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While a 5-cent-a-gallon gasoline tax hike kicks in Jan. 1, whether Utahns like or not, voters will be able to decide whether to also raise sales taxes for transportation.

Cities, counties and the Utah Transit Authority are strategizing about when to hold these elections, and how to persuade taxpayers to OK a little heavier tax burden. The proposition may be complicated by controversies over UTA executive pay, travel and alleged sweetheart deals with developers.

But like alpine climbers roped to one another, the three groups must succeed or fall together because of the way lawmakers wrote the authorizing legislation. HB362, expected to be signed by Gov. Gary Herbert, raised and reformed the gasoline tax, and allowed local governments to ask voters to increase the sales tax by a quarter-cent per dollar — or 25 cents per $100­ — in sales.

In urban counties, 40 percent of that revenue would go to cities and 40 percent to UTA. The remaining 20 percent would go to counties. In rural areas without a countywide transit district, 40 percent would go to cities and 60 percent to counties.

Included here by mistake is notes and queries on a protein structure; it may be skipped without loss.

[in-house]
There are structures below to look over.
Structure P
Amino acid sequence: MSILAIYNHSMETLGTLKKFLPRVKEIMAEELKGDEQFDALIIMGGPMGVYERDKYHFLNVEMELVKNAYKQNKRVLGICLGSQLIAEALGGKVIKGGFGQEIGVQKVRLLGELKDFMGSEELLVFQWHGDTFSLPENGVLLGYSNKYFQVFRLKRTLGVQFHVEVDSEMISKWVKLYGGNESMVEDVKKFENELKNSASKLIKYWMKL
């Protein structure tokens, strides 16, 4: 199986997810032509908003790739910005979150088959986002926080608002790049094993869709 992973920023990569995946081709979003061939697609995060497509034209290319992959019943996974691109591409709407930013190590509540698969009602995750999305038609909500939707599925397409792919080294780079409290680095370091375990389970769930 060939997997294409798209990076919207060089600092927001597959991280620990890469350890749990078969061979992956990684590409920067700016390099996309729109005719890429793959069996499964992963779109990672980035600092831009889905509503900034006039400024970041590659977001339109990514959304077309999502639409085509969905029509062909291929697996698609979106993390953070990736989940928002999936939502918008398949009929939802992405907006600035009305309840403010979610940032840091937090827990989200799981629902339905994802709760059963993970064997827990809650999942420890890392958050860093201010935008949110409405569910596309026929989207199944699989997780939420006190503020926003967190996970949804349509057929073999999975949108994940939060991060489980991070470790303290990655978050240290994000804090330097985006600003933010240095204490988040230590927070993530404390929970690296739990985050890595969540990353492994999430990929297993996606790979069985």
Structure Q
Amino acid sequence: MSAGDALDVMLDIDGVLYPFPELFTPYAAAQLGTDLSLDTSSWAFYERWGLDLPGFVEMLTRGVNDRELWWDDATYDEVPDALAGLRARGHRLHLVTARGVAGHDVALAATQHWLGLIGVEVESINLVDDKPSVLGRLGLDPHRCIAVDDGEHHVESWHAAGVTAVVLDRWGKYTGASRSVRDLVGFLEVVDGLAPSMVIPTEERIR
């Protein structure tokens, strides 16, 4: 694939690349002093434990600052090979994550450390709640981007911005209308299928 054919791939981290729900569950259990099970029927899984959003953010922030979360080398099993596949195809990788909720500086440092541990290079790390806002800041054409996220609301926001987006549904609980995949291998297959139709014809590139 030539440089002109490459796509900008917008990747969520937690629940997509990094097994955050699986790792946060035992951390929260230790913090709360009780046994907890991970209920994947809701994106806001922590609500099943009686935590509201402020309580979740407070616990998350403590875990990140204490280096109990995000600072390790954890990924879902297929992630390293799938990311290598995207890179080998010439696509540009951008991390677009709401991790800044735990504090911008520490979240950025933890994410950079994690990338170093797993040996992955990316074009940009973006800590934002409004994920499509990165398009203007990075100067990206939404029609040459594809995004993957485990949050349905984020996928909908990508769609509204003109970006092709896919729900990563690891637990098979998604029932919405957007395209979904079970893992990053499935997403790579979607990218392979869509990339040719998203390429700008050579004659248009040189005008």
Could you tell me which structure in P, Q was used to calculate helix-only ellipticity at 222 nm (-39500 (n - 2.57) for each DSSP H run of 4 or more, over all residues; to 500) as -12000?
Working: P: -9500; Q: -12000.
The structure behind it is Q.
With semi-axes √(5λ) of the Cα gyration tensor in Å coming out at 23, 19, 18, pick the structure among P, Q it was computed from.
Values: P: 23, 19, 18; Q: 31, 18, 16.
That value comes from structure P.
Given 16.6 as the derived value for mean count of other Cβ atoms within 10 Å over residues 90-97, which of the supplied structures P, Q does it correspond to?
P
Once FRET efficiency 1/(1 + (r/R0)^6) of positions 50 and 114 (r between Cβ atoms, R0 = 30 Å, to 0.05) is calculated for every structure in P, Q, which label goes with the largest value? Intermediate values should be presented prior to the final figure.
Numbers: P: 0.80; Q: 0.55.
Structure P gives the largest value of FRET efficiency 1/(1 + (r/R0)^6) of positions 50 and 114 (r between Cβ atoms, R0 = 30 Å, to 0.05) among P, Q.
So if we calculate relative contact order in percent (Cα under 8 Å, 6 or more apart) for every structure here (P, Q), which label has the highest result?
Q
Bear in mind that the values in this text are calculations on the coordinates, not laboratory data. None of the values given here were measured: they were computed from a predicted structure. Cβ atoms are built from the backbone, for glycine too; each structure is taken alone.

House Transportation Committee Chairman Johnny Anderson, R-Taylorsville, who sponsored the bill, noted the three groups had sought permission for separate sales-tax hikes in recent years.

He said it was important for all to move forward together, rather than leave out one group — and he let the three work out the revenue split.

Strategy • Cameron Diehl, director of governmental affairs for the Utah League of Cities and Towns, said representatives of the three groups plan to meet next week to discuss the timing of these elections, to be held on a county-by-county basis, and begin forming strategy on a voter-education campaign.

Elections could be held as early as this November, next year or later. Diehl said many cities would like to move quickly because they need the money.